a line: “Pourquoi sommes-nous obligés de retoucher son chef-d’œuvre? Sommes-nous plus savant que lui?” | “Why are we forced to retouch his masterpiece? Are we more knowledgeable than him?” – on female genital mutilation (FGM) and God’s will

an image: throughout this hard-hitting novel, Ahmed is unsparing in her depictions of the violence against women that exists not only within Djibouti but globally – from domestic abuse to sexual coercion to FGM

a thought: the book opens with a quote from Pius Ngandu Nkashama about African youth being at a crossroads, and this seems to be the ongoing theme of Les Enfants du Khat – the potential power of young people to generate change

a fact: I was intrigued by the beautiful image on the book’s cover and discovered it was a photo of Tadjoura, one of Djibouti’s oldest towns & an important port for many centuries; Tadjoura evolved into an early Islamic centre with the arrival of Muslims shortly after the Hijra, and is also known for its whitewashed buildings, nearby beaches, and mosques

want to read Les Enfants du Khat? visit here

Man Wortet Sich die Orte Selbst by Iren Nigg (tr. Marissa Grünes)

a nutshell: not yet published in English, this book (Wording the Places Oneself) consists of prose – from short vignettes to novellas – in which Liechenstein author Nigg explores the creative writing proces

a line: “To flirt with misfortune, allow one’s thoughts to circle it: this would never occur to children. The form of the circle isn’t meant for that… Sometimes life is winter. Nature! lets it happen. Fare well – a beautiful wish, lovely! like my cat.”

an image: I loved the description of the snow having been bejeweled by the sun

a thought: at one point the narrator poses a riddle: what is greater than God & more evil than the devil? The poor have it. The happy need it. And when you eat it, you die. (I didn’t get it)

a fact: this is Nigg’s second book and was among the 2011 winners of the European Union Prize for Literature which recognises the best new or emerging authors in the EU – I read a translated excerpt through the website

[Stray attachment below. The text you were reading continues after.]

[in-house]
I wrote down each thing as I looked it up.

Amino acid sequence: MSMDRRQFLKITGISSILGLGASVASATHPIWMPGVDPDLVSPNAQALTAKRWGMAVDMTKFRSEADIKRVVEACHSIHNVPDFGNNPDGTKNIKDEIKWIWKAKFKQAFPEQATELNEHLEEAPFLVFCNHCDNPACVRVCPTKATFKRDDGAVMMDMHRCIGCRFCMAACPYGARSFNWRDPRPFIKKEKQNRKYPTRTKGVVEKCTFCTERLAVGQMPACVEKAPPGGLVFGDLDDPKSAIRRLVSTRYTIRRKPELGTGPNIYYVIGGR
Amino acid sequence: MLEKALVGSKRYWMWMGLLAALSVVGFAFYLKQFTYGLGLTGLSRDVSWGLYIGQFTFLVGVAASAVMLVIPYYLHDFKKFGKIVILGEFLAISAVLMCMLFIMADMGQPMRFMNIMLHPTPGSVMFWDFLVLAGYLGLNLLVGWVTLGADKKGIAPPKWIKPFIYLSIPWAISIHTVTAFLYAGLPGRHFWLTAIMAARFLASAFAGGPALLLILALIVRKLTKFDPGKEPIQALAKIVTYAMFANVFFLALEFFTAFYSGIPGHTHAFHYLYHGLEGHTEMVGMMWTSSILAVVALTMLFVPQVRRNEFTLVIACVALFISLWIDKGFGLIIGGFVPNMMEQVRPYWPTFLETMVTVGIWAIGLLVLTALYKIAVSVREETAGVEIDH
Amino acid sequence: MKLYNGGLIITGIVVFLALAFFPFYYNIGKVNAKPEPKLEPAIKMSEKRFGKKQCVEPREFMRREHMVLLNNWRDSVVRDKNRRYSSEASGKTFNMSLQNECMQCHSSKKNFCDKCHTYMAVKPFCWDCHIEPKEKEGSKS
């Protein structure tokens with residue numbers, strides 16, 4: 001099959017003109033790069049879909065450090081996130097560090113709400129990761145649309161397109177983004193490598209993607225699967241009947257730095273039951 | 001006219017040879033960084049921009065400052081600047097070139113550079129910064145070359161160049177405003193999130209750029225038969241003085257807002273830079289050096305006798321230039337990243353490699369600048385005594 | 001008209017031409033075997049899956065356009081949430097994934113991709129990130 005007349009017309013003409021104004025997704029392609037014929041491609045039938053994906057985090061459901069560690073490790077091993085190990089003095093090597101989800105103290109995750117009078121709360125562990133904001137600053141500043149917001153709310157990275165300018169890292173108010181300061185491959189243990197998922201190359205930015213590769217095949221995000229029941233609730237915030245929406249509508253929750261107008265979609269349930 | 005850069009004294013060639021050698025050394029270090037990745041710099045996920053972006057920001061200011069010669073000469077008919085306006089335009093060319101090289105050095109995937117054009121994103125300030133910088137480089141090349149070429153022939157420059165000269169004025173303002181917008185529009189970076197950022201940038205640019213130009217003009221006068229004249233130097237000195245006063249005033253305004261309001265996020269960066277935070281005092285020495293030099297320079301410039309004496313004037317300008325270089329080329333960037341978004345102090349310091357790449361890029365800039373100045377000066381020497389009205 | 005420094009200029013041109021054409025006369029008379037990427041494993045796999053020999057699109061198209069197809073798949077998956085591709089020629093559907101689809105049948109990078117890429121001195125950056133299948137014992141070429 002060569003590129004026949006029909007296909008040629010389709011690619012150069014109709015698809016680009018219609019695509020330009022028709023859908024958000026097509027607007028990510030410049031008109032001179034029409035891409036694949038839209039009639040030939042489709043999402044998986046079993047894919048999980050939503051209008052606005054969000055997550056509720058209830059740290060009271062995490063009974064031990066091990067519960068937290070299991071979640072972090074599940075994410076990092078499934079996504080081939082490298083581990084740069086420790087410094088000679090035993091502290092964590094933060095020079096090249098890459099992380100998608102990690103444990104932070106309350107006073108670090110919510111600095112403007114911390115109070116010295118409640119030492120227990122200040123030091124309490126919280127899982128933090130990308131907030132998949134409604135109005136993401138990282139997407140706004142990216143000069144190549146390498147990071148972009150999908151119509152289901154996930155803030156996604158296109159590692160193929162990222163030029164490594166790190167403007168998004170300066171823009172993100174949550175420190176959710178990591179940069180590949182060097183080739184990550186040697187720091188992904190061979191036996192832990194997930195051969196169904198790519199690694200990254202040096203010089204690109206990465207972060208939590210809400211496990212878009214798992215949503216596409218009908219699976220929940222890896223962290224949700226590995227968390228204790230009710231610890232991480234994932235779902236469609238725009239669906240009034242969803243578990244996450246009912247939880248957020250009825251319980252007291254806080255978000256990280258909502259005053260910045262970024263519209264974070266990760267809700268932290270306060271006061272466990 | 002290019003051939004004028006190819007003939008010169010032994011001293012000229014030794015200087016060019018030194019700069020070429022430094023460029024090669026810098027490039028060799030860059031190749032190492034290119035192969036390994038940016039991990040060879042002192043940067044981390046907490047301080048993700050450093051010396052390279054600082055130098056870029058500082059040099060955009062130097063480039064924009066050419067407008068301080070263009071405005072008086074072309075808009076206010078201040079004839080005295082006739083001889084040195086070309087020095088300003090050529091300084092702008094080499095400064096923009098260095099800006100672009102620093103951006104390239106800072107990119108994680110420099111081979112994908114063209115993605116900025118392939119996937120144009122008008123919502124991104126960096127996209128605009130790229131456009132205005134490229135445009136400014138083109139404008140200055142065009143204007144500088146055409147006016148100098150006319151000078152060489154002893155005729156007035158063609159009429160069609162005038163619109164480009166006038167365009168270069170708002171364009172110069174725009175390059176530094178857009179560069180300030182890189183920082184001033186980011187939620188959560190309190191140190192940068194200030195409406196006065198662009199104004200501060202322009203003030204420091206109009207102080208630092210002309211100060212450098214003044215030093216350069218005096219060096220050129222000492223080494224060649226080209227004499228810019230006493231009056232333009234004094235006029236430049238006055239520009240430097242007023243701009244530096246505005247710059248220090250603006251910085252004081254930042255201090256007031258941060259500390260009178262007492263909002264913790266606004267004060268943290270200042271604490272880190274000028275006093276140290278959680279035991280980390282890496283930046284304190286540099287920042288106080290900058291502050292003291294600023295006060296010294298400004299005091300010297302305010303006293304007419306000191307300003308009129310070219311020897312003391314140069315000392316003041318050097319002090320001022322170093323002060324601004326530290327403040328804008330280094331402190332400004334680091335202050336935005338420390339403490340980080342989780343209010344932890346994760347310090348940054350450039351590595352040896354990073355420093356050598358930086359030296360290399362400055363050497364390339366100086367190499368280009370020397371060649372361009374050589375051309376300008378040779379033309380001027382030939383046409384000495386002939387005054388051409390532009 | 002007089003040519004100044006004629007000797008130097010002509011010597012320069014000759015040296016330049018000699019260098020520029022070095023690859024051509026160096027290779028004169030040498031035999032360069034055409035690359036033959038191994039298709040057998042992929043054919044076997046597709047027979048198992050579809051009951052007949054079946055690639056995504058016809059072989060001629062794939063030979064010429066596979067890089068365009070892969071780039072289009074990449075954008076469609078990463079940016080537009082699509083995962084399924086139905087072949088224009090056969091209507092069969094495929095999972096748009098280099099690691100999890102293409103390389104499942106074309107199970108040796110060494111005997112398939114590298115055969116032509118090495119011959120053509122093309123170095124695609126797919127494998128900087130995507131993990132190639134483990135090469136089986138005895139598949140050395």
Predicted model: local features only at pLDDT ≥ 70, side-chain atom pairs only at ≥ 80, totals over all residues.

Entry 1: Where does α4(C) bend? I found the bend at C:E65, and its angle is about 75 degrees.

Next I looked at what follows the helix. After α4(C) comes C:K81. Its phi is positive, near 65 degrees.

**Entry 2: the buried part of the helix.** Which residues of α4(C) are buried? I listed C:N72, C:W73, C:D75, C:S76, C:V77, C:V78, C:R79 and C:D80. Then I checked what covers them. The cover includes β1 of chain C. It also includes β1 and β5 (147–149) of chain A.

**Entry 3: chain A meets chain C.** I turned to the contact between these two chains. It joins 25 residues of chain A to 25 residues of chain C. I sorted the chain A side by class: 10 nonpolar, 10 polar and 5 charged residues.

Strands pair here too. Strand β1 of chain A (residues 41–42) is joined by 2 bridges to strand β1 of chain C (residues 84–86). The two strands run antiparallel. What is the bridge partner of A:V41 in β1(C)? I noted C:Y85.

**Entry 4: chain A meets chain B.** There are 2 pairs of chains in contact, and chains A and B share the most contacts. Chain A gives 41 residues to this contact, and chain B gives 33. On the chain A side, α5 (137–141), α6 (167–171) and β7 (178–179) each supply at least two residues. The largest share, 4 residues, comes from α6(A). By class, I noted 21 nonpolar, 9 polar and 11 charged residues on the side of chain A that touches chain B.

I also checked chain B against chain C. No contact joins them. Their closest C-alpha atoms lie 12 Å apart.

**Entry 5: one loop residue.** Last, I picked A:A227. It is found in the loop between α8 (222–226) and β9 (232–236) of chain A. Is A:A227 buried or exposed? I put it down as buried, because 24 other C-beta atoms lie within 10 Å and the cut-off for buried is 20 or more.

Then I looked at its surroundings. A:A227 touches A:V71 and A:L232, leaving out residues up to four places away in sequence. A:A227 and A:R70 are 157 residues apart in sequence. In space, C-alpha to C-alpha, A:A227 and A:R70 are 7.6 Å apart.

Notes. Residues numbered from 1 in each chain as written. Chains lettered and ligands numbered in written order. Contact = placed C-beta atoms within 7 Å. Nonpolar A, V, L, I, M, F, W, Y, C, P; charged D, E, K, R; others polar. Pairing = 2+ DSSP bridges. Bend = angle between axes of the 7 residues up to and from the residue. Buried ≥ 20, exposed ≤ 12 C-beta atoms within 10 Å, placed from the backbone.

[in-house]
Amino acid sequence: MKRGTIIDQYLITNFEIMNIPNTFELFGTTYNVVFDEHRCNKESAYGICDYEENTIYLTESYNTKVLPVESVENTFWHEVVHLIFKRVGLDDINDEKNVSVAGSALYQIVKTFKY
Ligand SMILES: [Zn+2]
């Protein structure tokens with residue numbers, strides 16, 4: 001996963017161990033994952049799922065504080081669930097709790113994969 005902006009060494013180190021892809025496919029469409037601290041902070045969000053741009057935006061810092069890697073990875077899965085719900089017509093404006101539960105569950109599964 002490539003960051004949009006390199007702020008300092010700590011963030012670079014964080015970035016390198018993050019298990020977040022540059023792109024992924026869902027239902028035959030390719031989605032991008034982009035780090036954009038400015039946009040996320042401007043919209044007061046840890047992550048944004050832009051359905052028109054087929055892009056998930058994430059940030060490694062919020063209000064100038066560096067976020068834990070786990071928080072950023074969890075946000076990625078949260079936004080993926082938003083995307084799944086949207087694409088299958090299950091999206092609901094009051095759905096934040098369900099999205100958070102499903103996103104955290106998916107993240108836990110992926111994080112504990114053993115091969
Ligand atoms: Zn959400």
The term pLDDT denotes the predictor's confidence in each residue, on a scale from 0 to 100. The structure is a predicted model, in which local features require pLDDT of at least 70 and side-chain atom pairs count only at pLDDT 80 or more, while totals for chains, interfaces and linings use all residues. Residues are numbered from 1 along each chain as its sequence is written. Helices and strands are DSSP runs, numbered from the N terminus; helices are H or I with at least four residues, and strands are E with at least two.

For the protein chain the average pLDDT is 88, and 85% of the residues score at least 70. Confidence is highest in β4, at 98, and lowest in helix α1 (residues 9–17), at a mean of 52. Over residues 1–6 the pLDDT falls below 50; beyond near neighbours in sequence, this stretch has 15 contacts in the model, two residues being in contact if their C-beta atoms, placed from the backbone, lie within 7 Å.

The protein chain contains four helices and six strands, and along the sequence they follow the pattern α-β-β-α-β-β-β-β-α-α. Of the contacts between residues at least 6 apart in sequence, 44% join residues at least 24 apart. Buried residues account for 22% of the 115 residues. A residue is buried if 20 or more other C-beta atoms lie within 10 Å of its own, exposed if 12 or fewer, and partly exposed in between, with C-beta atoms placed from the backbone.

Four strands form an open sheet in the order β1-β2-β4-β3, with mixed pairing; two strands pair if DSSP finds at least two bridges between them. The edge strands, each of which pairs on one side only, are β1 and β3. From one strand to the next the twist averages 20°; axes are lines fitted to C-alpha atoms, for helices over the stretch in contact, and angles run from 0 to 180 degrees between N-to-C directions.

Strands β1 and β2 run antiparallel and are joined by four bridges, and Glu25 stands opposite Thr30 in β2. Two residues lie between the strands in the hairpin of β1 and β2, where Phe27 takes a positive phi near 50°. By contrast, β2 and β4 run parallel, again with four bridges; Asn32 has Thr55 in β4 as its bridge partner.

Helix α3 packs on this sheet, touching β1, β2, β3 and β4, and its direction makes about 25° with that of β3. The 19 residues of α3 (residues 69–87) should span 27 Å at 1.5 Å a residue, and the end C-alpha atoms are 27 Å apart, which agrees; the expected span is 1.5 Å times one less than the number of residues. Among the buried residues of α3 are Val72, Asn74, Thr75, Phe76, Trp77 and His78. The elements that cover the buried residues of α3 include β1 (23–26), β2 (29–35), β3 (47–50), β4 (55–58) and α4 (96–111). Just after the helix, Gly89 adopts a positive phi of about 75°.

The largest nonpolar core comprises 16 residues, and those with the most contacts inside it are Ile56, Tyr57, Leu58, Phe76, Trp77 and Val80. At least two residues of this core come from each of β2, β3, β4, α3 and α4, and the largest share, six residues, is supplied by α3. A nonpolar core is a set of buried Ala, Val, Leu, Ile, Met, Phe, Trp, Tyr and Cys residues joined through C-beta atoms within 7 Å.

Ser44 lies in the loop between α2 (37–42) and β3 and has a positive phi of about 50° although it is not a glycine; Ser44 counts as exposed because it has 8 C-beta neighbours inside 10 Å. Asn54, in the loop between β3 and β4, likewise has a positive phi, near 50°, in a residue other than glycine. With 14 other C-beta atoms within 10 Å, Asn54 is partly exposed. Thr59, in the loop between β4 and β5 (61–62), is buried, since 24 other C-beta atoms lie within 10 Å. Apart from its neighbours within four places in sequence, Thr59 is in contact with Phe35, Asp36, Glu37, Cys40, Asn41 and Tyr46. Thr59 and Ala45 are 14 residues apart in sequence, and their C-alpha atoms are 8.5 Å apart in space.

want to read Man Wortet Sich die Orte Selbst? visit here

In the Town of Joy and Peace by Zdravka Evtimova

book cover with eerie town lit by lampost

a nutshell: this strange maelstrom of a novel follows numerous women & girls from Radomir, a supposedly stagnant town in Bulgaria, as they take a shot at forging lives for themselves

a line: “Why should we, two intelligent ladies, trudge through this nasty clean air? Can’t you lie in bed where the freaking air is clean, too, and I’ll stretch and fold your legs for you?”

an image: I enjoyed the description of a character’s voice as thick as a ball of yarn, with the words she used as a heap of broken branches that someone had just set on fire

a thought: I found Dana a totally fascinating character, a matriarch with the monopoly over the town thanks to her wealth & forthright nature, and I think part of this fascination was that right up until the end I continued to have zero idea what she was about

a fact: I hadn’t expected it, but Radomir is a real town located in the Radomir Municipality in the Pernik Province of western Bulgaria

want to read In the Town of Joy and Peace? visit here

The Return by Dulce Maria Cardoso (tr. Angel Gurria-Quintana)

The Return book with picture of dog, against sandy background

a nutshell: this gripping child’s-eye-view story follows a family’s fragmented relocation from Luanda to Lisbon amidst the Angolan War of Independence in 1975

a line: “the empire was there, in that waiting room, a tired empire, in need of house and food, a defeated and humiliated empire, an empire no-one wanted to know about”

an image: the scene in which Rui, the young narrator, watches his dog run behind the family car as they flee Angola was very heart-breaking, especially since I (comparatively trivially, of course) said goodbye to a much-much-much-loved pet last year when moving to another country